If the induction coil is of lesser diameter than the cooking pot, and the pot has low thermal conductivity, use of high power can potentially warp the pot due to non-uniform heating. 6" coils are common in low-end portable units, which is smaller than most pots and pans.

Ventilation and exhaust[edit]

Cooktops often have a kitchen hood installed overhead to expel or filter smoke, fumes and undesirable odors that result from cooking. However, when installation of an updraft ventilation system is undesirable or impossible (for example in an open kitchen design), a cooktop with an integrated downdraft ventilation system can be used instead. Such systems draw cooking fumes downwards rather than upwards, eliminating the need of an overhead installation. They are however less effective than overhead systems, and may not be able to extract fumes emanating from taller pots.[8]

Placement[edit]

Installed[edit]

Cooktops are virtually ubiquitous in kitchens. They may be built into a stove along with an oven. Alternatively, cooktops are often installed independently in work surfaces.

Hot plate[edit]

An electric tabletop burner

A hot plate is a portable self-contained tabletop small appliance cooktop that features one, two or more electric heating elements or gas burners. A hot plate can be used as a standalone appliance, but is often used as a substitute for one of the burners from an oven range or a kitchen stove.

Hot plates are often used for food preparation, generally in locations where a full kitchen stove would not be convenient or practical. A hot plate can have a flat or round surface. Hot plates can be used for traveling or in areas without electricity.

References[edit]

  1. ^ Klahre, Ayn-Monique (2018-02-04). "How To Light a Stovetop and Oven Pilot Light". Kitchn. AT Media. Retrieved 2020-09-10.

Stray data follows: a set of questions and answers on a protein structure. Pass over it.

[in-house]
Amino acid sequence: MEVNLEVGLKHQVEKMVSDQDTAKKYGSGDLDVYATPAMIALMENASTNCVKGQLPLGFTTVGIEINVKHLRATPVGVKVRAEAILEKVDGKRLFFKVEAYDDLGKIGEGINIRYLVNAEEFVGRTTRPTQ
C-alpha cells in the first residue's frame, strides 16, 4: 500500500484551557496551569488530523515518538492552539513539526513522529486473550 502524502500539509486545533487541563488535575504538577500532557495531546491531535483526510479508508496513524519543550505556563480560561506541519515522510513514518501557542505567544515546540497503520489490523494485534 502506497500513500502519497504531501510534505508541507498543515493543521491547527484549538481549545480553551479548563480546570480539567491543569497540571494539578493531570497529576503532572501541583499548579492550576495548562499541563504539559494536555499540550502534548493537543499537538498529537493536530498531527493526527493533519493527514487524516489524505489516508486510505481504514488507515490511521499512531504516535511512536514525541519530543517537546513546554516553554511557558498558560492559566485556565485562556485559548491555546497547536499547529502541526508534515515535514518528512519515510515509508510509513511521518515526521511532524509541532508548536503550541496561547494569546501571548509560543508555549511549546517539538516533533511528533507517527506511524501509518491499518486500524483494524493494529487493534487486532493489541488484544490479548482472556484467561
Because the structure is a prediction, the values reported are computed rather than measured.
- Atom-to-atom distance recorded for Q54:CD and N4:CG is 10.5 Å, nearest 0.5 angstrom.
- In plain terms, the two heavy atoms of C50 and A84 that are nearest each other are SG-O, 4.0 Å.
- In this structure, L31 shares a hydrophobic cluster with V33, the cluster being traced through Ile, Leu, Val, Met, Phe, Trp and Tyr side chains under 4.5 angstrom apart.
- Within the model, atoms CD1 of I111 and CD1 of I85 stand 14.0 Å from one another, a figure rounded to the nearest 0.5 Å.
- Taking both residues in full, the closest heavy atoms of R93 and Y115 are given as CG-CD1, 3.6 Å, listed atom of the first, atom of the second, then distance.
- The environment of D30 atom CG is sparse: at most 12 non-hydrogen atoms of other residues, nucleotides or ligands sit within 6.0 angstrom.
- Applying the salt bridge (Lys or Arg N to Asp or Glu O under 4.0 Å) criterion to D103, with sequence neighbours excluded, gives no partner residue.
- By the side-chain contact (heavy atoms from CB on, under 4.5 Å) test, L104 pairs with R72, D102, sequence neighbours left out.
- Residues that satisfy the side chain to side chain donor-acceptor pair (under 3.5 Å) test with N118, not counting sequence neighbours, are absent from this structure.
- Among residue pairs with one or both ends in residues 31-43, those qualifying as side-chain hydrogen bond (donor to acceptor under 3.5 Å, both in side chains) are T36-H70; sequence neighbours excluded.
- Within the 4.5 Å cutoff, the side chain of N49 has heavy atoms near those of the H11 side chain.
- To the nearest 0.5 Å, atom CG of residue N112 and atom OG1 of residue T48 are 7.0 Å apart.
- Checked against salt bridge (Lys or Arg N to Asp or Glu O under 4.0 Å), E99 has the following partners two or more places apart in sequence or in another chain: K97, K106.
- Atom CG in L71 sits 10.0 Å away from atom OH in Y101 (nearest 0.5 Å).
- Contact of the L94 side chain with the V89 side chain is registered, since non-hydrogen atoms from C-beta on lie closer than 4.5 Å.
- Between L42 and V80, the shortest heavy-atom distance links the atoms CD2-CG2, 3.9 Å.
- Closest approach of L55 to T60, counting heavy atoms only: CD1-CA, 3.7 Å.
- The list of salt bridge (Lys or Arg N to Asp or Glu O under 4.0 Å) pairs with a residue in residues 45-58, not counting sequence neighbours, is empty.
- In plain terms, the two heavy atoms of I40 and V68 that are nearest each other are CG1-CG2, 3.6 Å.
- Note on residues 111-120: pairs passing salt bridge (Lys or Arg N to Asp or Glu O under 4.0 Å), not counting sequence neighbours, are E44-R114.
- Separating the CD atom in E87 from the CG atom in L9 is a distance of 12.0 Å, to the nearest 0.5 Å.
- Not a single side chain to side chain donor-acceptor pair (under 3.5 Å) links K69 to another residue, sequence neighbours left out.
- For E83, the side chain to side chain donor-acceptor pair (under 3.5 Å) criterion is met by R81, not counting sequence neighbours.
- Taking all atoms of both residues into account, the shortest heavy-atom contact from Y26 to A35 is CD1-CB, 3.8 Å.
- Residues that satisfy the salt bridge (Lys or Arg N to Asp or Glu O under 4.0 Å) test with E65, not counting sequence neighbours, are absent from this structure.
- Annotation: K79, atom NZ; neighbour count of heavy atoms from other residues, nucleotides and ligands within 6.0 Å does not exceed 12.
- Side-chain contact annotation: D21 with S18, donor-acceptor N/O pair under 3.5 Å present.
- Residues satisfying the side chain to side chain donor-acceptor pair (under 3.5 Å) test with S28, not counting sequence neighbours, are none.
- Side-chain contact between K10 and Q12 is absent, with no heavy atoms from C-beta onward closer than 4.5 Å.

2. ^ Prelusky, Alison (2018-02-01). "Can Gas Ranges Run Without Electricity?". P. C. Richard & Son. Retrieved 2020-09-10.
  3. ^ Ware, J. H.; Dockery, D. W.; Spiro III, A.; Speizer, F. E.; Ferris Jr., B. G. (1984). "Passive Smoking, Gas Cooking, and Respiratory Health of Children Living in Six Cities". American Review of Respiratory Disease. 129 (3): 366–374. Retrieved 2020-09-10.
  4. ^ Garrett, Maria H.; Hooper, Martin A.; Hooper, Beverley M.; Abramson, Michael J. (1998-09-01). "Respiratory Symptoms in Children and Indoor Exposure to Nitrogen Dioxide and Gas Stoves". American Journal of Respiratory and Critical Care Medicine. 158 (3): 891–895. doi:10.1164/ajrccm.158.3.9701084.
  5. ^ Frost, Shelley (2019-10-03). "Electric Coil Range vs. Smooth-Top". Hunker. Leaf Group Ltd. Retrieved 2020-09-10.
  6. ^ "Induction Cooking Technology Design and Assessment; M. Sweeney, J. Dols, B. Fortenbery, F. Sharp; Electric Power Research Institute (EPRI)" (PDF). Archived from the original (pdf) on 2015-09-10. Retrieved 2016-09-19. Paper presented at the 2014 ACEEE Summer Study on Energy Efficiency in Buildings
  7. ^ "How To Clean a Glass Top Stove & Make it Look Brand-New Again". Helpro. 2021-03-11. Retrieved 2021-04-24.
  8. ^ Miller, Renee. "How Good Is a Cooktop Downdraft Ventilation System?". SFGate. Hearst. Retrieved 2020-09-10.